Introducing Microsoft Monitoring Agent

Introducing Microsoft Monitoring Agent

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We are very pleased to announce the RTM version of the brand new Microsoft Monitoring Agent. This new tool incorporates the capabilities introduced with Visual Studio 2012’s IntelliTrace Standalone Collector and adds a ton of new features and capabilities.

You can now download the Microsoft Monitoring Agent and install on any server in your enterprise that meet the minimum installation requirements.

The Microsoft Monitoring Agent is a simple installation that is included with System Center Operations Manager 2012 R2 or can be installed separately to be used in a standalone manner. When using the Microsoft Monitoring Agent as a standalone tool the data captured is available as a Visual Studio IntelliTrace file. These files can be opened with Visual Studio Ultimate 2013 Release Candidate.

The rest of this post will focus on using the Microsoft Monitoring Agent in a standalone mode.

Using MMA in standalone mode

After installing the Microsoft Monitoring Agent you enable monitoring of your IIS hosted application using PowerShell commands. Let’s say that I have installed my application (FabrikamFiber) under the default application node on my IIS server as shown below.

To start monitoring this application I use the following PowerShell command running as Administrator:

A couple of things to notice:

  • The name of the application that I am monitoring includes the site name (Default Web Site) as well as the application name (FabrikamFiber.Web).
  • I chose the monitor mode. My options are to use monitor, trace, or custom. I will focus on the monitor mode in this blog post.
  • The output path is a file location that I have already created. You may wish to make this location shared so that both developers and operations team members can access the files that get created in that location.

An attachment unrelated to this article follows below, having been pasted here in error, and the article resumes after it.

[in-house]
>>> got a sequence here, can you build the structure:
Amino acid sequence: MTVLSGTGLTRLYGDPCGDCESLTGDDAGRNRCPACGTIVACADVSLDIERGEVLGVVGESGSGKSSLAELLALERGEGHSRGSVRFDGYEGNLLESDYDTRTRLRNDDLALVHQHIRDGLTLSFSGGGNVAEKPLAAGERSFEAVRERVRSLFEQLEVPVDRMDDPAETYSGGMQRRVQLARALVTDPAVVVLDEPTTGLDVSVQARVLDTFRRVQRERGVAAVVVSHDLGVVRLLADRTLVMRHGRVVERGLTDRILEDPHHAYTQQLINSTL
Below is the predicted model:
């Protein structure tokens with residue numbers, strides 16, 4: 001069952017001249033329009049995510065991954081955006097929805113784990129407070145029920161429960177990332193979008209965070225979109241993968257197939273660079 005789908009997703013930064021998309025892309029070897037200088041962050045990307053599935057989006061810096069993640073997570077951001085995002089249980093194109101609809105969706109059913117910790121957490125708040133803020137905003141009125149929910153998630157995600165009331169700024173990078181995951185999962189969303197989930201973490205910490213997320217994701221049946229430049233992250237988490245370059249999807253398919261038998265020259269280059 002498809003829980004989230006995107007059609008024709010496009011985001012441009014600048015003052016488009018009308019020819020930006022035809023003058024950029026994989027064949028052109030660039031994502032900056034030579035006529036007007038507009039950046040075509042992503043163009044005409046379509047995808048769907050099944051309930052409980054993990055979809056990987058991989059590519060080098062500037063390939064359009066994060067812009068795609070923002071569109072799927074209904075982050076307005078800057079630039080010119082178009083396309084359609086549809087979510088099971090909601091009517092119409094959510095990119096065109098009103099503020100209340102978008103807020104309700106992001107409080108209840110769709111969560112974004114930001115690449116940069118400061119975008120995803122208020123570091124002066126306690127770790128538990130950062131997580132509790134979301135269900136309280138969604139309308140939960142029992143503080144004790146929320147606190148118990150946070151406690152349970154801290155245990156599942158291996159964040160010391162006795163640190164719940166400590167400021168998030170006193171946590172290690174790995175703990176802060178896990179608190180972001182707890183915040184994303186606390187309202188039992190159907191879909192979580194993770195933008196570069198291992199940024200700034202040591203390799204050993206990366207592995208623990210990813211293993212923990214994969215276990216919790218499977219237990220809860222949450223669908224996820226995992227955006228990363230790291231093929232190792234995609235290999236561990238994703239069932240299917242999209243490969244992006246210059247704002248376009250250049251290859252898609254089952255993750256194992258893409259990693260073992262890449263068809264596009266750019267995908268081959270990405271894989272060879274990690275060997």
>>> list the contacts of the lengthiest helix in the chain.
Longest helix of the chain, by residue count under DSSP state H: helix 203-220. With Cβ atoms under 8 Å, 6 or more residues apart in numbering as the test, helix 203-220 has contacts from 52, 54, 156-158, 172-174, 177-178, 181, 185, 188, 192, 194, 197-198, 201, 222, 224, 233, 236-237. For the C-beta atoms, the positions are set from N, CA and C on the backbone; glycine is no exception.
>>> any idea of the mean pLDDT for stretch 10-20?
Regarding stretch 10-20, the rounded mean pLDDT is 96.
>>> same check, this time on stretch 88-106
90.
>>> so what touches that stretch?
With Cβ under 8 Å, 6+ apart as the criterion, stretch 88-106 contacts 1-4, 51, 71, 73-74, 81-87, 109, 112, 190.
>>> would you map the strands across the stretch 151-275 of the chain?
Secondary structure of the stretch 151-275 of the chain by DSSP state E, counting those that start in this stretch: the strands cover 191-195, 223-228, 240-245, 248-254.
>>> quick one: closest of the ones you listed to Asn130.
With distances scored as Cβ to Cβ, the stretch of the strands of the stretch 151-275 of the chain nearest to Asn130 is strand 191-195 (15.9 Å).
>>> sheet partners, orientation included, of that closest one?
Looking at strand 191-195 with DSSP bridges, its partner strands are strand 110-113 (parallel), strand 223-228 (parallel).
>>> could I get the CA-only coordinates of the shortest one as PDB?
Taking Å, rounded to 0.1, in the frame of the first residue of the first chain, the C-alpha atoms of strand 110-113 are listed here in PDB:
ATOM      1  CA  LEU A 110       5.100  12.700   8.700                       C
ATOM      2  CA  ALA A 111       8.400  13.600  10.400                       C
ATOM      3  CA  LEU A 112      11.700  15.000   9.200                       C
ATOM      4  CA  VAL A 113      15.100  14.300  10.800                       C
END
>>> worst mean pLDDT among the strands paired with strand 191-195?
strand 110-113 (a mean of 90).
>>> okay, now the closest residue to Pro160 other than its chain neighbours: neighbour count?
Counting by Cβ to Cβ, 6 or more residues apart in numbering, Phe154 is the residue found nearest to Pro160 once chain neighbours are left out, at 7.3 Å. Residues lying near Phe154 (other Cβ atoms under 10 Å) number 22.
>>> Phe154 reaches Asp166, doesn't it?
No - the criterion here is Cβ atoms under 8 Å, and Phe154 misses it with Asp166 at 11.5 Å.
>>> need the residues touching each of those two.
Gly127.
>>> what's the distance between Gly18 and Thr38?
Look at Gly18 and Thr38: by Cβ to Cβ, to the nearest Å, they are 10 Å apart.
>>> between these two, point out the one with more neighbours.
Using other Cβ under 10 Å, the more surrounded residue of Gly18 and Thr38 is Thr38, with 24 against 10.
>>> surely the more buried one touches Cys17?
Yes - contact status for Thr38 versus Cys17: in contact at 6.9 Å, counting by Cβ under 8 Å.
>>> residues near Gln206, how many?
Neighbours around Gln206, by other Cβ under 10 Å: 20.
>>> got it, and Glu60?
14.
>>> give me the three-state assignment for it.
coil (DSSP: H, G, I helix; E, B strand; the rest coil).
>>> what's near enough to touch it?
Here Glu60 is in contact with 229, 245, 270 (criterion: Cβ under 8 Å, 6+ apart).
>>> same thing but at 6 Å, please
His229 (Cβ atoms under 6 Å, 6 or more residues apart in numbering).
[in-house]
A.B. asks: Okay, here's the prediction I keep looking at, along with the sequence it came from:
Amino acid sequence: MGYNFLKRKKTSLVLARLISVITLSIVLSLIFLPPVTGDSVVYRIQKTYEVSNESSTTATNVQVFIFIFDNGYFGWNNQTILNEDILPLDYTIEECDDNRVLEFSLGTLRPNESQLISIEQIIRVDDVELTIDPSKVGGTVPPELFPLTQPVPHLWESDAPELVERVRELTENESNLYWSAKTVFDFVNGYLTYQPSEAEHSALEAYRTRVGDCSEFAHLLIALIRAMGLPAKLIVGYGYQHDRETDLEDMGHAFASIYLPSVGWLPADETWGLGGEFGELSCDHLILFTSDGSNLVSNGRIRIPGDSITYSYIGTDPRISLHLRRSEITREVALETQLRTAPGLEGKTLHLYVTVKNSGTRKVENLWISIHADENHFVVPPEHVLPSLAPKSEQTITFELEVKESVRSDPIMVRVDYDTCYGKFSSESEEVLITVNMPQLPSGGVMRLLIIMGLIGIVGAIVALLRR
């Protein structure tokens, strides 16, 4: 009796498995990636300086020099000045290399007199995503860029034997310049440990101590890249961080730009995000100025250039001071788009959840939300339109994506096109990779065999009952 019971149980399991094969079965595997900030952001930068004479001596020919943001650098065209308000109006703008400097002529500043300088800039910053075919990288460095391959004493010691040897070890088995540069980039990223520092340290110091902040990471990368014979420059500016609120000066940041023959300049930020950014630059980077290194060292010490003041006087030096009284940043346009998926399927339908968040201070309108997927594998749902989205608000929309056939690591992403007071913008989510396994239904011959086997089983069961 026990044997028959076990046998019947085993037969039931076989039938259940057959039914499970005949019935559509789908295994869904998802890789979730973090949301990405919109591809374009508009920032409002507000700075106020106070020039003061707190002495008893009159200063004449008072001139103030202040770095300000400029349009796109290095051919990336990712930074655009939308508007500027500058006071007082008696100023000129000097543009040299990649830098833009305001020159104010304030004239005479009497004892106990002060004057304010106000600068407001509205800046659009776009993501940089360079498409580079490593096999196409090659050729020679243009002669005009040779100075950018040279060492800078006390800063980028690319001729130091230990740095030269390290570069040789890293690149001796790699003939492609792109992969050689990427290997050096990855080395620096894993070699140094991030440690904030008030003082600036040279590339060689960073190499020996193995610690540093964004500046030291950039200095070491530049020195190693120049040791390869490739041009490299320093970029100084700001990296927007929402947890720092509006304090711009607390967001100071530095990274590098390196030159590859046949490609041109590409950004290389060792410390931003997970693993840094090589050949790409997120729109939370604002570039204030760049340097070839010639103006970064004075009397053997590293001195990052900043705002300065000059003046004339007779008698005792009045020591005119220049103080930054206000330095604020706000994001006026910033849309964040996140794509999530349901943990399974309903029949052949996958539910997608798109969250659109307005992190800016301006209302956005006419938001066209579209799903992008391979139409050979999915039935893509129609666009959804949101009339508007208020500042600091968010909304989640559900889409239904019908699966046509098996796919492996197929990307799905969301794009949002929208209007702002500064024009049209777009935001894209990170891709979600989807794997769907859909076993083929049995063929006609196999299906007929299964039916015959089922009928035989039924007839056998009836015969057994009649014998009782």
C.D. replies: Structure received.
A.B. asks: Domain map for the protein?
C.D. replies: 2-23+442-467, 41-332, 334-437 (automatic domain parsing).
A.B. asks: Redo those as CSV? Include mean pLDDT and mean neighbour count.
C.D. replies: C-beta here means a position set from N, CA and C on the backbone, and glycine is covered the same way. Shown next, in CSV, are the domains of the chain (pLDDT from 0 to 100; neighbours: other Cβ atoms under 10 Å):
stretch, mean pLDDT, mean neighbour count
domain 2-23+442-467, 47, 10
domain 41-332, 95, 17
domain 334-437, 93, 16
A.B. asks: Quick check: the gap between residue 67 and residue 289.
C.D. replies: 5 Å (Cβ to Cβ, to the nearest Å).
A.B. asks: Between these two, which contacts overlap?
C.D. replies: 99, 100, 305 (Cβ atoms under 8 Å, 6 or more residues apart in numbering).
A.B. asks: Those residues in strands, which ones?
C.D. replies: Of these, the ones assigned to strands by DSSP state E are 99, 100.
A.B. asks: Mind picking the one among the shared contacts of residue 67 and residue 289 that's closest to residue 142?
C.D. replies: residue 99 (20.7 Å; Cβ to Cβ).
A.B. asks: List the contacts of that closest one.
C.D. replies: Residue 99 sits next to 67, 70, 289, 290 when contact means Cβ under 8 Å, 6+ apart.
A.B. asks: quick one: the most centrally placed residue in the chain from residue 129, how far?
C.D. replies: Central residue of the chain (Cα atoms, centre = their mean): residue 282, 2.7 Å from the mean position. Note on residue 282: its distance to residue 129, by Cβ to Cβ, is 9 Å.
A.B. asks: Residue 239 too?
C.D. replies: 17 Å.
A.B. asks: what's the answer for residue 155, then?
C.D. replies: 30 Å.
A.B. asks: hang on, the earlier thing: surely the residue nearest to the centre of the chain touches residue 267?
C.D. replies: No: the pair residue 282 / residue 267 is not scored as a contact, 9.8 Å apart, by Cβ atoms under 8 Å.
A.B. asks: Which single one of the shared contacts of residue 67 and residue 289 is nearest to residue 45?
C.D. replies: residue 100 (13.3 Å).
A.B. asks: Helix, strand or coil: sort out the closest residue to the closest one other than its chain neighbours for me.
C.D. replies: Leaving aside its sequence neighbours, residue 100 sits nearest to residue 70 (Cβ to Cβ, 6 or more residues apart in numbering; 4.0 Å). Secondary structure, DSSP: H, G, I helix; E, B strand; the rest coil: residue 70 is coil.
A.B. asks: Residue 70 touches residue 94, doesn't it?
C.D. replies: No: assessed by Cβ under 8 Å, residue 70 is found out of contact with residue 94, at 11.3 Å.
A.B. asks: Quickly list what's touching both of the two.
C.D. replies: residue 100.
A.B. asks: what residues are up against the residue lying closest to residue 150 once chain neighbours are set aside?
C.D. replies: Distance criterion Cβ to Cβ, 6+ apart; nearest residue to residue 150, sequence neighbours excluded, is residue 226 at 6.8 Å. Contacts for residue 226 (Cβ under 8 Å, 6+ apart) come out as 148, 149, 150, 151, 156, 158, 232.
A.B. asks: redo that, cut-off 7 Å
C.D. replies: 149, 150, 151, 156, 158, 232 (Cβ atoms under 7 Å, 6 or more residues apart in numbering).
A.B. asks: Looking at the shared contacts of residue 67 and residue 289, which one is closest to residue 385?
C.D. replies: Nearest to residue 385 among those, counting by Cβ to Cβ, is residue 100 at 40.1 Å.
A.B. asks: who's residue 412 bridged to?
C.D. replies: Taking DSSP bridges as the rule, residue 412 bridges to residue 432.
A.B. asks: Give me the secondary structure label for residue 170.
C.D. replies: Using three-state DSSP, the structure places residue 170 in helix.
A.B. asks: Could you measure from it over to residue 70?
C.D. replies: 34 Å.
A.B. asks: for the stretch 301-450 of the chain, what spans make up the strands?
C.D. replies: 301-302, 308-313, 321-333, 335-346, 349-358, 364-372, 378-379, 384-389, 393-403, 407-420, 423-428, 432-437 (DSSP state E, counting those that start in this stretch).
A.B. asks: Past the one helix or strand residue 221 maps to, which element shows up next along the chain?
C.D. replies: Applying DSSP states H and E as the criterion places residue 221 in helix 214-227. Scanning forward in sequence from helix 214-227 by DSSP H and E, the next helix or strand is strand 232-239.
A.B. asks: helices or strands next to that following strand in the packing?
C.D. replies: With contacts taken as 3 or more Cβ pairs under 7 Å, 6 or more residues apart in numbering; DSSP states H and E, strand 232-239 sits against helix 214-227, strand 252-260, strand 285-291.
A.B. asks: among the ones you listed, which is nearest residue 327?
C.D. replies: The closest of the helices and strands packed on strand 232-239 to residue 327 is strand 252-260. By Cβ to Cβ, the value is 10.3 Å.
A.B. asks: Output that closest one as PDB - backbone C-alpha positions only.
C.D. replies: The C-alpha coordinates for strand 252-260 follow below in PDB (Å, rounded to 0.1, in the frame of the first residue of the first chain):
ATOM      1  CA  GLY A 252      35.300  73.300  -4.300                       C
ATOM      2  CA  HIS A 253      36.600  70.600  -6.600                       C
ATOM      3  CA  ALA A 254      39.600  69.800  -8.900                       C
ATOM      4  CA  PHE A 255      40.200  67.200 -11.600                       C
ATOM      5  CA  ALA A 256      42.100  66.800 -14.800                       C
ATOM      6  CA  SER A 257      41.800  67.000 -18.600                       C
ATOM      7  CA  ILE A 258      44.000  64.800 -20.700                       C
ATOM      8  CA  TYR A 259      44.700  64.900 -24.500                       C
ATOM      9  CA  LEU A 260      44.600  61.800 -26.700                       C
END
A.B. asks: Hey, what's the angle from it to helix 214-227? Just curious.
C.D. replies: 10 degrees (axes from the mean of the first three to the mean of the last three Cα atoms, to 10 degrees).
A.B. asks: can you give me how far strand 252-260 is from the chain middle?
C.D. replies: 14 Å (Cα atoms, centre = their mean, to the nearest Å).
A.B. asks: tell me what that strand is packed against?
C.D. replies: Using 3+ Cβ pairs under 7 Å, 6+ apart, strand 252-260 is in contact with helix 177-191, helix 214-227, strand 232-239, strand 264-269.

Monitoring mode has been designed to have minimal impact on the running application and only records data when the Microsoft Monitoring Agent detects undesirable behavior such as problematic exceptions occur or performance is poor. The default settings record exceptions that bubble up to the global exception handler and pages that  take longer than 5 seconds to respond from the server. In addition to the conditions that trigger data collection the Microsoft Monitoring Agent will also limit the frequency in which it will record data to a maximum of 60 similar events per day.

There are a couple of approaches that you can take to use the Microsoft Monitoring Agent in monitoring mode effectively. One method is to gather an IntelliTrace file after a problem has been reported. A more proactive approach is to gather an IntelliTrace file on a regular schedule, such as daily, to check for problematic behavior in your application that may not have been reported by your users.

Generating and Using the IntelliTrace file

To produce an IntelliTrace file you use the Checkpoint-WebApplicationMonitoring command as shown below:

The IntelliTrace file can then be opened using Visual Studio 2013 Release Candidate. Any performance violations are listed in the Performance Data section of the IntelliTrace Summary page and exceptions are shown in the Exceptions section.

Diagnosing exceptions remains very similar to the experience available with Visual Studio 2012. Diagnosing performance events is detailed in a separate blog post.

For detailed information on the Microsoft Monitoring Agent refer to TechNet.

For expanded scenarios and usage information refer to MSDN.

We are always looking for feedback and comments for our features. Please visit the MSDN Diagnostics forums.

 

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  • How does this compare/dovetail with the Microsoft Message Analyzer?

  • Message Analyzer is design to analyze traces, log files, ETW and other system diagnostic information to understand an issue or evaluate performance of your system when something is wrong.  From talking to Larry, Microsoft Monitoring Agent is design to instrument your service/webapp so you can monitor uptime and response and get live alerts when something is wrong.  If you decide your Service is acting up because of something external, you might use Message Analyzer to diagnosis the environment outside your service or web app.

    BTW, more info about Message Analyzer on our blog (blogs.technet.com/.../messageanalyzer).

  • How to collect IntelliTrace date for Windows Services?

  • Thanks for the explanation Paul.

  • @Dronkoff - We only support Windows Services when using System Center at this time.  We understand the importance of fully supporting Windows Services.  Thank you for your feedback.  Please feel free to add this request to our user voice site: visualstudio.uservoice.com/.../121579-visual-studio